Since the aftermath of the 2016 U.S. election with allegations of foreign cyber-intervention, now more than ever, advocates are outspoken on securing all voting methods.
Technical and legal experts will come together at the American Bar Association Midyear Meeting Feb. 1-5 in Vancouver to discuss fundamental concerns plaguing both the U.S. and Canadian voting systems.
“Democracy on the Edge: Security, e-Voting, and the Challenge of Verifying the People’s Choice” will be hosted by the ABA Criminal Justice Section. The event will be held on Friday, Feb. 2, from 1:30 – 3 p.m. at the Fairmont Pacific Rim Hotel in the Emerald Ballroom A/B, Level 3.
Andrew Grosso, with Andrew Grosso & Associates in Washington, D.C., is a former federal prosecutor with a master’s degree in computer technology. He said that voting technology has problems.
“Those problems have been known since technology was first suggested in voting,” he said. “They really have not been resolved.”
Grosso said since the aftermath of the election in 2000 with various recounts, many states went to electronic voting to speed things up and to make the vote more accurate.
“The problem is electronic voting itself is subject to manipulation much like your computer can be hacked these things can be hacked,” Grosso said. “And they can be hacked electronically, through the internet, manually with your hands on the machine, hacked before or after the votes are collected.”
Grosso said the question becomes: “How are you going to prevent or avoid that?” He said a lot of the technology in various states do not have protections against such manipulations.
Barbara Simons is the board chair of Verified Voting, a non-partisan/non-profit organization dedicated to advocating for legislation and regulation that supports “accuracy, transparency and verifiability of elections.”
Simons said that all citizens should be concerned about computers because they are vulnerable to software bugs, malware and hackers.
Simons said that only since the aftermath of the 2016 U.S. presidential election and the uproar over Russian interference have state governments been seriously interested in what she has to say about the issue.
Simons, an expert on electronic voting and the co-author of the book, “Broken Ballots: Will Your Vote Count?” a book about voting machines, will also address Canadian municipal internet voting, which she deemed as one of the most insecure voting systems. “It’s incredible irresponsible to hold any kind of government election over the internet,” she emphasized.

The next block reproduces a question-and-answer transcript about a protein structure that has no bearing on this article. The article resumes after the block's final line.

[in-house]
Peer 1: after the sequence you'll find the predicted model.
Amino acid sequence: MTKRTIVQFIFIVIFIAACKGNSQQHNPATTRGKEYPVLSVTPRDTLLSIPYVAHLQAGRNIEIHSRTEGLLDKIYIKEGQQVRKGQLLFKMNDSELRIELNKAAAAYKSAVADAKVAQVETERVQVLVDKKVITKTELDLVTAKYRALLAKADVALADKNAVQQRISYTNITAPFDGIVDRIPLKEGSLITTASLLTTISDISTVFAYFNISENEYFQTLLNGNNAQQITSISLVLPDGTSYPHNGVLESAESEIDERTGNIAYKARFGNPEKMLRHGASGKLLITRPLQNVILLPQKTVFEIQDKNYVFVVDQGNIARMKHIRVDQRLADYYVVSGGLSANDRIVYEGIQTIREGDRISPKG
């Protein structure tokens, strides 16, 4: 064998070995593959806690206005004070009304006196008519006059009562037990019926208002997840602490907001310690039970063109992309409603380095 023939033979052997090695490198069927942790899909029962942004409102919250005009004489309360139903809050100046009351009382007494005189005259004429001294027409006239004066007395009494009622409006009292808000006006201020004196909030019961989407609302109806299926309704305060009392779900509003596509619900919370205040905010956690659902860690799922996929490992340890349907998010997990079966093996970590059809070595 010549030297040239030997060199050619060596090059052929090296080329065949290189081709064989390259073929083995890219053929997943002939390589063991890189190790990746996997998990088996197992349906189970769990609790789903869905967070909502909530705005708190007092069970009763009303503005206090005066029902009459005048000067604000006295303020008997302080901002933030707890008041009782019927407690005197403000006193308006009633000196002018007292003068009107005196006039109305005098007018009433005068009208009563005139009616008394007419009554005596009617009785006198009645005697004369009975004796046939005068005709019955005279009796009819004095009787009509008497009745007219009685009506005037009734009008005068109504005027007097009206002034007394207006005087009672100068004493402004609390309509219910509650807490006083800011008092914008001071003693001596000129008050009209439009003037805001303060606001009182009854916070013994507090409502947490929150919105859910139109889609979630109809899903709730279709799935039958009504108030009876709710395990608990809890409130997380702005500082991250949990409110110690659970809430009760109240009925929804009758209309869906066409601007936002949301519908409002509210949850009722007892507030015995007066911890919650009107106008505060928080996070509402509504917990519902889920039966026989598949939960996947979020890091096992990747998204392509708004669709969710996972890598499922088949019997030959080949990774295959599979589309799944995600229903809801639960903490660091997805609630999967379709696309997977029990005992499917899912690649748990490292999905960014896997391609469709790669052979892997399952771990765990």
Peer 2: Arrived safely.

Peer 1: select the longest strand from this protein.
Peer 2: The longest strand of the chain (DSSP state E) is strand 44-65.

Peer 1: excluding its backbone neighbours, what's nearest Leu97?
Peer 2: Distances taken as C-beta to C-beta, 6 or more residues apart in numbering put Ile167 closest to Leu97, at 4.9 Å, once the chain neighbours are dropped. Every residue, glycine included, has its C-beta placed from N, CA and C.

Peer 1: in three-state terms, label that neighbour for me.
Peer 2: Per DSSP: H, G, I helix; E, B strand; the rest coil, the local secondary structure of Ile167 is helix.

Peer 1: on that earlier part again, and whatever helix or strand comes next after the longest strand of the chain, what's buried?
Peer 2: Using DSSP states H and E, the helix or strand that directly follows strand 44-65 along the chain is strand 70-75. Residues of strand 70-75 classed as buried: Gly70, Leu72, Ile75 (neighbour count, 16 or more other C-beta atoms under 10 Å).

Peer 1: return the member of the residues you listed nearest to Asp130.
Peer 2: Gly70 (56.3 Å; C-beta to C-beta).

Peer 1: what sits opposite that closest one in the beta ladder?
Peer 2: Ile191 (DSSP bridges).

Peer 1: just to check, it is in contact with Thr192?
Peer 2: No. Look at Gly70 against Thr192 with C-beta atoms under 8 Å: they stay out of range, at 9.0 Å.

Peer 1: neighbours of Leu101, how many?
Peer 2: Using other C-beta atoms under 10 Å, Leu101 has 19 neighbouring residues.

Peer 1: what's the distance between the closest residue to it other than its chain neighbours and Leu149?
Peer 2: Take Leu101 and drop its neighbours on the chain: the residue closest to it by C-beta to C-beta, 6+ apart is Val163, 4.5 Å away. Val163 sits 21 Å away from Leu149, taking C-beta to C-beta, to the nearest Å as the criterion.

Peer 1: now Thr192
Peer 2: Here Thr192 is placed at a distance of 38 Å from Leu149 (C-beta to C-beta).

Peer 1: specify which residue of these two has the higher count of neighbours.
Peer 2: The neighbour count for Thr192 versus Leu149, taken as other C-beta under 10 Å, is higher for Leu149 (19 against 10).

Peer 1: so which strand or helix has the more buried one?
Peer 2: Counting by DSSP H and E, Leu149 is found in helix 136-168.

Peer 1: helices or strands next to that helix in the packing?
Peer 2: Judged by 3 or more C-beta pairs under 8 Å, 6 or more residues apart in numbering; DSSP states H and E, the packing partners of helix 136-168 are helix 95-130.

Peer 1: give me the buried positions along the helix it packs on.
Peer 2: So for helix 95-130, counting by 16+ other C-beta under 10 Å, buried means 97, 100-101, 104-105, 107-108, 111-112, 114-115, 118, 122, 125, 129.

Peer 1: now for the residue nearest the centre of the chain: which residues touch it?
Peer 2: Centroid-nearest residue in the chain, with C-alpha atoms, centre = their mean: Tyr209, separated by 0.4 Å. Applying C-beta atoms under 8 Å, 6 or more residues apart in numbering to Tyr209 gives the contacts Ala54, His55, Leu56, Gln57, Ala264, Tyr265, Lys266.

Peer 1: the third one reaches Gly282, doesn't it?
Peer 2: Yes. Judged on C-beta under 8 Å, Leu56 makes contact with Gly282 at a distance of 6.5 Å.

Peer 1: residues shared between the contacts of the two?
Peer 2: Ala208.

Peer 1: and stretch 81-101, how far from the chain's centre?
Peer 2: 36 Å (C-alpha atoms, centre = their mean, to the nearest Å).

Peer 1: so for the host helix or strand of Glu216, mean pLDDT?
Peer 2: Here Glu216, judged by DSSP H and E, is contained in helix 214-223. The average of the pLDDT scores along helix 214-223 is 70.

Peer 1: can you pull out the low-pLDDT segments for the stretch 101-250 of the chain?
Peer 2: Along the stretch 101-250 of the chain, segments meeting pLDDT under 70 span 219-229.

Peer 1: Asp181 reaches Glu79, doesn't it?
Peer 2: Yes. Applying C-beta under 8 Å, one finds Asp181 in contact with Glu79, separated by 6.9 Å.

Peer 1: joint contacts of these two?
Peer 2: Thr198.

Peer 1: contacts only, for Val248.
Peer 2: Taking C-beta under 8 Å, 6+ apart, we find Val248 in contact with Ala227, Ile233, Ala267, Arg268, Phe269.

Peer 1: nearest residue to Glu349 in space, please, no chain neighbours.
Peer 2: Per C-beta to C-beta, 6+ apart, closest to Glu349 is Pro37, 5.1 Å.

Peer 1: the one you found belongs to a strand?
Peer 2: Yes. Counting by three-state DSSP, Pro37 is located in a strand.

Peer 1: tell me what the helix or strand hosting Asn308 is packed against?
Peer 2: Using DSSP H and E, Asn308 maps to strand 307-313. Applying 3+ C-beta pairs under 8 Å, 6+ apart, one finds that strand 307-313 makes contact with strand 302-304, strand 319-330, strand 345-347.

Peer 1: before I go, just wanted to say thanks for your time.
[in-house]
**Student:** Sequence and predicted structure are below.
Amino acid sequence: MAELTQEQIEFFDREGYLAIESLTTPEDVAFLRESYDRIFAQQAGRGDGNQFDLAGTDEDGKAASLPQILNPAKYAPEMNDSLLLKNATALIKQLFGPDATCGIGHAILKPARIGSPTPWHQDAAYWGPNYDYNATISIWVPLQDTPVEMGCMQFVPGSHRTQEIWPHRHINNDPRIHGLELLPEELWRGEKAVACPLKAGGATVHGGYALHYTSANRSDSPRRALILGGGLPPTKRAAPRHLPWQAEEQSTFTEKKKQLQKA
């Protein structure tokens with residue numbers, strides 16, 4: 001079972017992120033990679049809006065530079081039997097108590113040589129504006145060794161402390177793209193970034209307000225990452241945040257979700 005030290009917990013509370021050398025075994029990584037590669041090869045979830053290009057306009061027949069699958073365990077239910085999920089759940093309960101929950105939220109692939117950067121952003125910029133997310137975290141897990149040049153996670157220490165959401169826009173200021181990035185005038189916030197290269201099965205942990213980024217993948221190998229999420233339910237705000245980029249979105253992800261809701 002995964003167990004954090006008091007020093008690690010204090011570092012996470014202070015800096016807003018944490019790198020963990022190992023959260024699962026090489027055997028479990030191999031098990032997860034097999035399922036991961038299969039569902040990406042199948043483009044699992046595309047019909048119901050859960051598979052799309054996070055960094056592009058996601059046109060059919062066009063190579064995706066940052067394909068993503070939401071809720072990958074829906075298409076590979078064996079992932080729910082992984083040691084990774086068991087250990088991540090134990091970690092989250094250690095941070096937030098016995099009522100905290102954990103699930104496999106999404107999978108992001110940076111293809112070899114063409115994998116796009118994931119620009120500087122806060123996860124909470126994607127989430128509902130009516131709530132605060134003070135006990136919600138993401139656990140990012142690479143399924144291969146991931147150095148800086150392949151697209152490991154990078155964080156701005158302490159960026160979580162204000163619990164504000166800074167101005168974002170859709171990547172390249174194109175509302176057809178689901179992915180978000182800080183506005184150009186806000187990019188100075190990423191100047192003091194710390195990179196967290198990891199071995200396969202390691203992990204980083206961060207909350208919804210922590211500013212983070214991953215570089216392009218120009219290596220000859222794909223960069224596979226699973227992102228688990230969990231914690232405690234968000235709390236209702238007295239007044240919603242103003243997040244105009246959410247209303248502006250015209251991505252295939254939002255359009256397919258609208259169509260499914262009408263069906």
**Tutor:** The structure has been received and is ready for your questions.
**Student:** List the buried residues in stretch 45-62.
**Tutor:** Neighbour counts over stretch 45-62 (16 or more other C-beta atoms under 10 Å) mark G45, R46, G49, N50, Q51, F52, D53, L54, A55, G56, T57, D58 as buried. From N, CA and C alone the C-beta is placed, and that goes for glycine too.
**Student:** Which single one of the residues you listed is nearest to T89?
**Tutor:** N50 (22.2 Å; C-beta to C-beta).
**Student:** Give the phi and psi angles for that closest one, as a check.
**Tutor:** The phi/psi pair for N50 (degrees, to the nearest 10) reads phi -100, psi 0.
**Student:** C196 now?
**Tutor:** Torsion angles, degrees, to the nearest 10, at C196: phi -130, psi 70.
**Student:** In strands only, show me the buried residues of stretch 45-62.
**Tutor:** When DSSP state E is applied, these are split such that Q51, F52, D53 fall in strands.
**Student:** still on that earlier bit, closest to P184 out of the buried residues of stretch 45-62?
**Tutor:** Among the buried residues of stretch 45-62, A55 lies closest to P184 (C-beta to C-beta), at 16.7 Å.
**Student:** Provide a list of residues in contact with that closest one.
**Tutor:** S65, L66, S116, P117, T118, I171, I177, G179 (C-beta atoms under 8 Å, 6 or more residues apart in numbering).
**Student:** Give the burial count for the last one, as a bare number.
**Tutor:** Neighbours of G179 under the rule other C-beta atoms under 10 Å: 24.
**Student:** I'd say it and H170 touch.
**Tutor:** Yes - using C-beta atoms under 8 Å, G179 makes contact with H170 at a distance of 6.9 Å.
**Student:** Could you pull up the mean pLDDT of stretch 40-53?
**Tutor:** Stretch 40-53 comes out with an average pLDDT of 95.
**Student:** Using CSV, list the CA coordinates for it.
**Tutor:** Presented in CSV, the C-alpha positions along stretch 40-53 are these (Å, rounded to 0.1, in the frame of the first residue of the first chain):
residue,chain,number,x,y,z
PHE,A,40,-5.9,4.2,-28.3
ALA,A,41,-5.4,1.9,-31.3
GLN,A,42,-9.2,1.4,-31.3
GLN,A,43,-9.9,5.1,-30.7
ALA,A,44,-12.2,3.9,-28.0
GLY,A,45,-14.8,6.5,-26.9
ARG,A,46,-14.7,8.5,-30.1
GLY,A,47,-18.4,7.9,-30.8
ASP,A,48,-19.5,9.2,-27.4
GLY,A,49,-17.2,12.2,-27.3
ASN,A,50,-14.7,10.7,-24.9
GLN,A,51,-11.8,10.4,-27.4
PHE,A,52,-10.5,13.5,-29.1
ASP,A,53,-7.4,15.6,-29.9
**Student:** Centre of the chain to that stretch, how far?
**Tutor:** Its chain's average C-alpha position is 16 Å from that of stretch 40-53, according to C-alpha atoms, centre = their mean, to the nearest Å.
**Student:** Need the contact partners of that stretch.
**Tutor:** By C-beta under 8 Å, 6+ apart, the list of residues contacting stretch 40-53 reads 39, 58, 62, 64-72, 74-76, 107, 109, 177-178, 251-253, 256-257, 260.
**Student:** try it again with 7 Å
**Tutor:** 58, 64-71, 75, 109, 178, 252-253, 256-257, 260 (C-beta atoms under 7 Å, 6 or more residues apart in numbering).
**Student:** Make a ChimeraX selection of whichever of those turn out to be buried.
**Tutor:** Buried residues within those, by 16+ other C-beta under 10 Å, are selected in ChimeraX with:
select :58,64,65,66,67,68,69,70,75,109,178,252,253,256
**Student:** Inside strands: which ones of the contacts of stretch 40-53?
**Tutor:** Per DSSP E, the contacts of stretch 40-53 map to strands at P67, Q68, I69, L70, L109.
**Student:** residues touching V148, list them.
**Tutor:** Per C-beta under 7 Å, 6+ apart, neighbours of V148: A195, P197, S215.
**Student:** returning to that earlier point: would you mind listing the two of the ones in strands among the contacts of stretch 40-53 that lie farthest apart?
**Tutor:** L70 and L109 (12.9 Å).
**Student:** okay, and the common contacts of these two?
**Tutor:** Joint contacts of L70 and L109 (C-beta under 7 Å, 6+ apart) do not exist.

However – she’s not against electronic voting, but said its use should also include paper ballots marked by the voter, with use of a scanner and checks to ensure that scanner is “behaving properly.”
“We need the confidence and assurance that the candidate who was declared the winner was the actual winner,” she said.
Simons said Verified Voting has a campaign to get paper ballots in all states. Currently, five states are entirely paperless.
“States like Georgia…it is impossible to conduct a recount. You can claim to conduct a recount by asking the computer to repeat what it already told you, but that’s not a meaningful recount because it doesn’t check what the computer has told you is right,” Simons said.
Another eight states are partially paperless.
Simons, a retiree from IBM Research, also co-authored the July 2015 report of the U.S. Vote Foundation’s, “The Future of Voting: End-to-End Verifiable Internet Voting.”
Simons added that she hopes participants walk away with a better understanding for the need to check on computers in elections.
Also on the panel is Russel Michael, an investigative journalist, who produced a documentary on HBO on the issues of secrecy surrounding elections, missing votes and instances where there were more votes than people who casted votes.
The panel will also include Judge Virginia Covington, a U.S. district judge, in Tampa, Fla., who will discuss what is involved in the legal procedures for challenging votes. Marian K. Schneider, president of Verified Voting in Philadelphia is the only practicing lawyer on the panel and will discuss the movement towards correcting existing voting issues.
Grosso hopes attendees will come away from the program, “being very, very afraid.” “I know what you can do with a computer. It’s not a black box that you put data in and you get the correct results out. Its’ a question of what goes on in the inside.”
“It’s very important in our democracy that we are able to have confidence in the outcome of elections and I think any one sitting in this panel will walk away with the idea of maybe we don’t have as much confidence as we think we do,” Grosso said.